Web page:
My story “The Velna Valsis” is now up at issue #11 of Fantasy Scroll Magazine.
Herr Doktor Ostermann drops the needle. A scratchy hiss fills the decayed splendor of Charlotte’s Viennese apartment. Outside, night is falling and a crowd gathers in the plaza. There are angry shouts — “Murderers! Juden!” — the sound of dogs barking. Charlotte does not know the reason for the commotion, nor does she care; her world has shrunk to the parlor, to Ostermann’s blood-smeared smile as he turns from the gramophone and says, “Shall we dance, meine Liebe?”
“The Velna Valsis” is a dark story. Possibly the darkest I’ve written. All the more dark since it’s obvious the Velna Valsis is still being played and eagerly listened to across the world right now. Its victims and players vary and swap sides, fluid like flame, but the damage left in its wake is unmistakeable.
Someone should really lift the needle.
Inspiration came from a writing prompt featuring a photograph by the talented Robin Cristofari, together with a piece of music by Carlos D’Alessio, his Valse De L’Eden. I paired them up, put D’Alessio’s piano waltz on loop, and a little while later “The Velna Valsis” popped out. The photo is obviously not of late 1930s Vienna, and the music didn’t urge me to indulge in wanton violence, so I’m not quite sure from which strange corner of my mind this story emerged, but that’s often just how it works. At least a couple of readers have mentioned Mikhail Bulgakov. I think one said they were reminded of The Master and Margarita. I’ve not read any Bulgakov so I can’t say whether I agree, but I’ll gladly take it as a compliment.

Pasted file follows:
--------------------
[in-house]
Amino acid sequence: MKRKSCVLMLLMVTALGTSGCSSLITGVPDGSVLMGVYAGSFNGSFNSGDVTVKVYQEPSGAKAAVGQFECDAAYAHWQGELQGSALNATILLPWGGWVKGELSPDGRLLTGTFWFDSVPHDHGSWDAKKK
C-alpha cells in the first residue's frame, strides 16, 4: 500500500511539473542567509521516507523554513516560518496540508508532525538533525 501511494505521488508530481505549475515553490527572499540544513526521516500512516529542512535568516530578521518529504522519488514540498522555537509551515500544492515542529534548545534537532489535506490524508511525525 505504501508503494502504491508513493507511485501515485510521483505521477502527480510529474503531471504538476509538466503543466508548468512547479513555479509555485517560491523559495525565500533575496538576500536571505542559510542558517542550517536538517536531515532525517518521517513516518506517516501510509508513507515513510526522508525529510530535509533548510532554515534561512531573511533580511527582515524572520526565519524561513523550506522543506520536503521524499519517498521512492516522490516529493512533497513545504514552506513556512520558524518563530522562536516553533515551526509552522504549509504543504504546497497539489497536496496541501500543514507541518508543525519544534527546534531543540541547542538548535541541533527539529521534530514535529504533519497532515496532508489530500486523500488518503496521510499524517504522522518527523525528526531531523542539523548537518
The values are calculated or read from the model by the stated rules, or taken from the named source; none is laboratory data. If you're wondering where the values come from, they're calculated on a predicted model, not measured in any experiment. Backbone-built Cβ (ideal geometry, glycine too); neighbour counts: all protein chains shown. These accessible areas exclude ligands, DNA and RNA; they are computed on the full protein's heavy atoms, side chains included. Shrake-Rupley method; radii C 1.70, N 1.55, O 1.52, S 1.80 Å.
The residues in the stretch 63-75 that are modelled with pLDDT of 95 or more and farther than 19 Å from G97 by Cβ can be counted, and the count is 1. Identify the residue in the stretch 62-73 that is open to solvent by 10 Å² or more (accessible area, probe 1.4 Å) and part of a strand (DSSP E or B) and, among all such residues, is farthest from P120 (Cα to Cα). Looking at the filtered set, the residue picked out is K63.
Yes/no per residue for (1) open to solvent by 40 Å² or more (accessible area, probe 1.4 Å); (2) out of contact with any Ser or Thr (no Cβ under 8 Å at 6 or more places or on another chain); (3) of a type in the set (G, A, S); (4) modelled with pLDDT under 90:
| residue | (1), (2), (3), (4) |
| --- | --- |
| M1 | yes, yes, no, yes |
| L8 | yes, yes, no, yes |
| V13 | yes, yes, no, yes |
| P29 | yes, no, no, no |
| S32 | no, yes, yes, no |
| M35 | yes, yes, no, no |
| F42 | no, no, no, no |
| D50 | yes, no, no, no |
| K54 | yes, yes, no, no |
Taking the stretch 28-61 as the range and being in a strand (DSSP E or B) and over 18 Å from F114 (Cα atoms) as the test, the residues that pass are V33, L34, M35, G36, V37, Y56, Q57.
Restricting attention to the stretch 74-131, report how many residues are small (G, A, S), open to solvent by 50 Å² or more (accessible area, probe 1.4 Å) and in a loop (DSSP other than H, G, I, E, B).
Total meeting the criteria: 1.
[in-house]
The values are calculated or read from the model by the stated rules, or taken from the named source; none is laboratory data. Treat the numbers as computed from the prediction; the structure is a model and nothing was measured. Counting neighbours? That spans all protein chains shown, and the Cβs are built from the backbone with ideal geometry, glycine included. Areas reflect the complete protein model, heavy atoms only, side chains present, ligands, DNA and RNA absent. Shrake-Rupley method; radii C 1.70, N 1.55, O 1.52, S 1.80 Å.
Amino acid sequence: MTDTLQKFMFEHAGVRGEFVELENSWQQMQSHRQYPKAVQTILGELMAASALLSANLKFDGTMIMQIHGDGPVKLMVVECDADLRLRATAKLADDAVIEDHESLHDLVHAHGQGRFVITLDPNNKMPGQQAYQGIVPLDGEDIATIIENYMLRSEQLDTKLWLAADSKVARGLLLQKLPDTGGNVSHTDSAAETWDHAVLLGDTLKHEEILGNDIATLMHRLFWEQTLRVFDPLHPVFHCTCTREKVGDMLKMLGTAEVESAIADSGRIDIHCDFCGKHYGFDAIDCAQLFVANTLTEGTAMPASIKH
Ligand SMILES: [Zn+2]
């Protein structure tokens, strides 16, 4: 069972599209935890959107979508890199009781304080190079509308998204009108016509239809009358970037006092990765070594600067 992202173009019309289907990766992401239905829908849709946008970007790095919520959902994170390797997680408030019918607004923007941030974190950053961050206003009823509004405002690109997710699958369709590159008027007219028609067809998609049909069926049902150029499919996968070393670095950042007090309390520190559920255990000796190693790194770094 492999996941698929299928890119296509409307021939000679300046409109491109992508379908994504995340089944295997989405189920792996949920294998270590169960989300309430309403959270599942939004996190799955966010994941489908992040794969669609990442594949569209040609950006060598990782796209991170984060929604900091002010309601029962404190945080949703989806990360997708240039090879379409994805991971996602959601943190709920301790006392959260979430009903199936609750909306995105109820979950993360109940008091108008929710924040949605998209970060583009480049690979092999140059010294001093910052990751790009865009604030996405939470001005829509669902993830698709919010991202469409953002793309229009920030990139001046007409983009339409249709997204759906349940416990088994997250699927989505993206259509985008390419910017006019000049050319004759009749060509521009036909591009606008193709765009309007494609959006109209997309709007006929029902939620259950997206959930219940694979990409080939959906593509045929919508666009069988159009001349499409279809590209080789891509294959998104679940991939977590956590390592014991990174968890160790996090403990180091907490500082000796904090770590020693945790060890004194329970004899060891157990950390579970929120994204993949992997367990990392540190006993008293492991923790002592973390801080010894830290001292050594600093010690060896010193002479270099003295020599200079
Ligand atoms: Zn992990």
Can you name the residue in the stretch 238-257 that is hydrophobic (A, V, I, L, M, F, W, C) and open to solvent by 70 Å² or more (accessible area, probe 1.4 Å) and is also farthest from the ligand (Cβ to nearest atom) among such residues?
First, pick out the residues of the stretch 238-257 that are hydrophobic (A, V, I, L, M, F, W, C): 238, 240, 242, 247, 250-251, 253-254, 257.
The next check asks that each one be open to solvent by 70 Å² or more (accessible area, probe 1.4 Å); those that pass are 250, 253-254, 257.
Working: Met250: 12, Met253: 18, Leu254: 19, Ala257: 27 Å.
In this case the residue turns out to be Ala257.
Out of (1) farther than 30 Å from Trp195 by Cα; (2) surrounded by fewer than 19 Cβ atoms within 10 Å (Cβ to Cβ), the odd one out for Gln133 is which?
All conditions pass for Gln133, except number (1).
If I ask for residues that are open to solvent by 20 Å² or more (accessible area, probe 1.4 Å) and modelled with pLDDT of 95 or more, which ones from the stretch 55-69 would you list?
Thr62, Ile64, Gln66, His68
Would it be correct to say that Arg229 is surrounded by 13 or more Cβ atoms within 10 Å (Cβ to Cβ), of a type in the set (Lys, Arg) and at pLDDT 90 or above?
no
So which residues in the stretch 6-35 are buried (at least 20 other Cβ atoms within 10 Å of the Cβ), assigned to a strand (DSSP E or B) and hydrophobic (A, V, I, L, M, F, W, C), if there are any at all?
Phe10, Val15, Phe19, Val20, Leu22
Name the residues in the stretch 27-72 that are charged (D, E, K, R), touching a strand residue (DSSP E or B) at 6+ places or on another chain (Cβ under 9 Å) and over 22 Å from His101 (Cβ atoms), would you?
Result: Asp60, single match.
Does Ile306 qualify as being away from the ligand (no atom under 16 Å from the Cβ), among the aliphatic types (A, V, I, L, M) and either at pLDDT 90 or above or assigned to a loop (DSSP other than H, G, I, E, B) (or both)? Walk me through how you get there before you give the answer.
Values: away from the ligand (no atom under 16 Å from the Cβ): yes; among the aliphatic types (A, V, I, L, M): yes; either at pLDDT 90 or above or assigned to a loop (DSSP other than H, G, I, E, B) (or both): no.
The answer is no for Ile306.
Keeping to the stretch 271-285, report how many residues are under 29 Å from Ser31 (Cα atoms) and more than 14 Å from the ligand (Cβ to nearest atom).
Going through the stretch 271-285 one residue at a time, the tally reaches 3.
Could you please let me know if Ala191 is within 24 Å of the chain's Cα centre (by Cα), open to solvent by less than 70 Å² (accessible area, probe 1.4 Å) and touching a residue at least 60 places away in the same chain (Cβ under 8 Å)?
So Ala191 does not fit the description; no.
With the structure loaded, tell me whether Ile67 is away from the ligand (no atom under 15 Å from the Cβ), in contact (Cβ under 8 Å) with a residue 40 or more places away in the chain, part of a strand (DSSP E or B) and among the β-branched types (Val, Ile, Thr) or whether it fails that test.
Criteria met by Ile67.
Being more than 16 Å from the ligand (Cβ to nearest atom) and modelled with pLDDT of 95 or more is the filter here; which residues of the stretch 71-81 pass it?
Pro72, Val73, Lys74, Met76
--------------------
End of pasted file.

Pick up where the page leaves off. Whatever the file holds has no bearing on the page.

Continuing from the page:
PS. In case you’re wondering, “Velna Valsis” is Latvian for “Devil’s Waltz”. Why Latvian? No reason other than I liked the sound of it.
Aaaaand… a Happy New Year to you! I hope it’s a good one.
My story “The Osteomancer’s Husband” is now up at Diabolical Plots as the January 2016 story.
He warned his wife the villagers would come. With their pitchforks, their fire. Their hateful ignorance.
“I’m sorry,” he said. “We have to leave. They saw beneath my mask.”
The inspiration for this story were a couple of photographs used for a writing group prompt challenge. One image was of flowing water (“…the burbling mountain stream…”), the second was of a hand tossing what looked like tiny bones to the wind (“Like…tiny snowflake vertebrae…”), both by the talented Robin Cristofari. To me the bones looked like seedlings, so I immediately began to wonder what their origin might be.
If you like the story (or even if you don’t), please feel free to comment here or on the Diabolical Plots site. Any feedback is always welcome.
“Les Feuilles mortes 3” by Robin Cristofari.
“…and they ask me to calculate what?” (Apologies to Marvin the Paranoid Android fans.)
My flash story “Within Without” is now up at Lakeside Circus. There’s also a podcast version, read by the inestimable Don Pizarro. Various beta-readers commented on the machine-like quality of the “voice” in this story, yet Don manages to inject both a sense of gravitas and escalating urgency to his performance. I’m really pleased with it.
“Within Without” features a Matrioshka Brain, a solar-system sized calculating engine, facing an existential crisis. The story arose from a prompt requiring the use of frames — a story set within a story set within a story, etc. In the end I didn’t write anything like that at all, but instead used a nested structure. And even that was drastically abbreviated. So basically I utterly failed at satisfying the prompt criteria. Still…as to the story itself, you can judge for yourself.
A visualization of a spiral structure in the material around the old star R Sculptoris. Not a matrioshka brain at all. No.
ALMA (ESO/NAOJ/NRAO)/M. Maercker et al.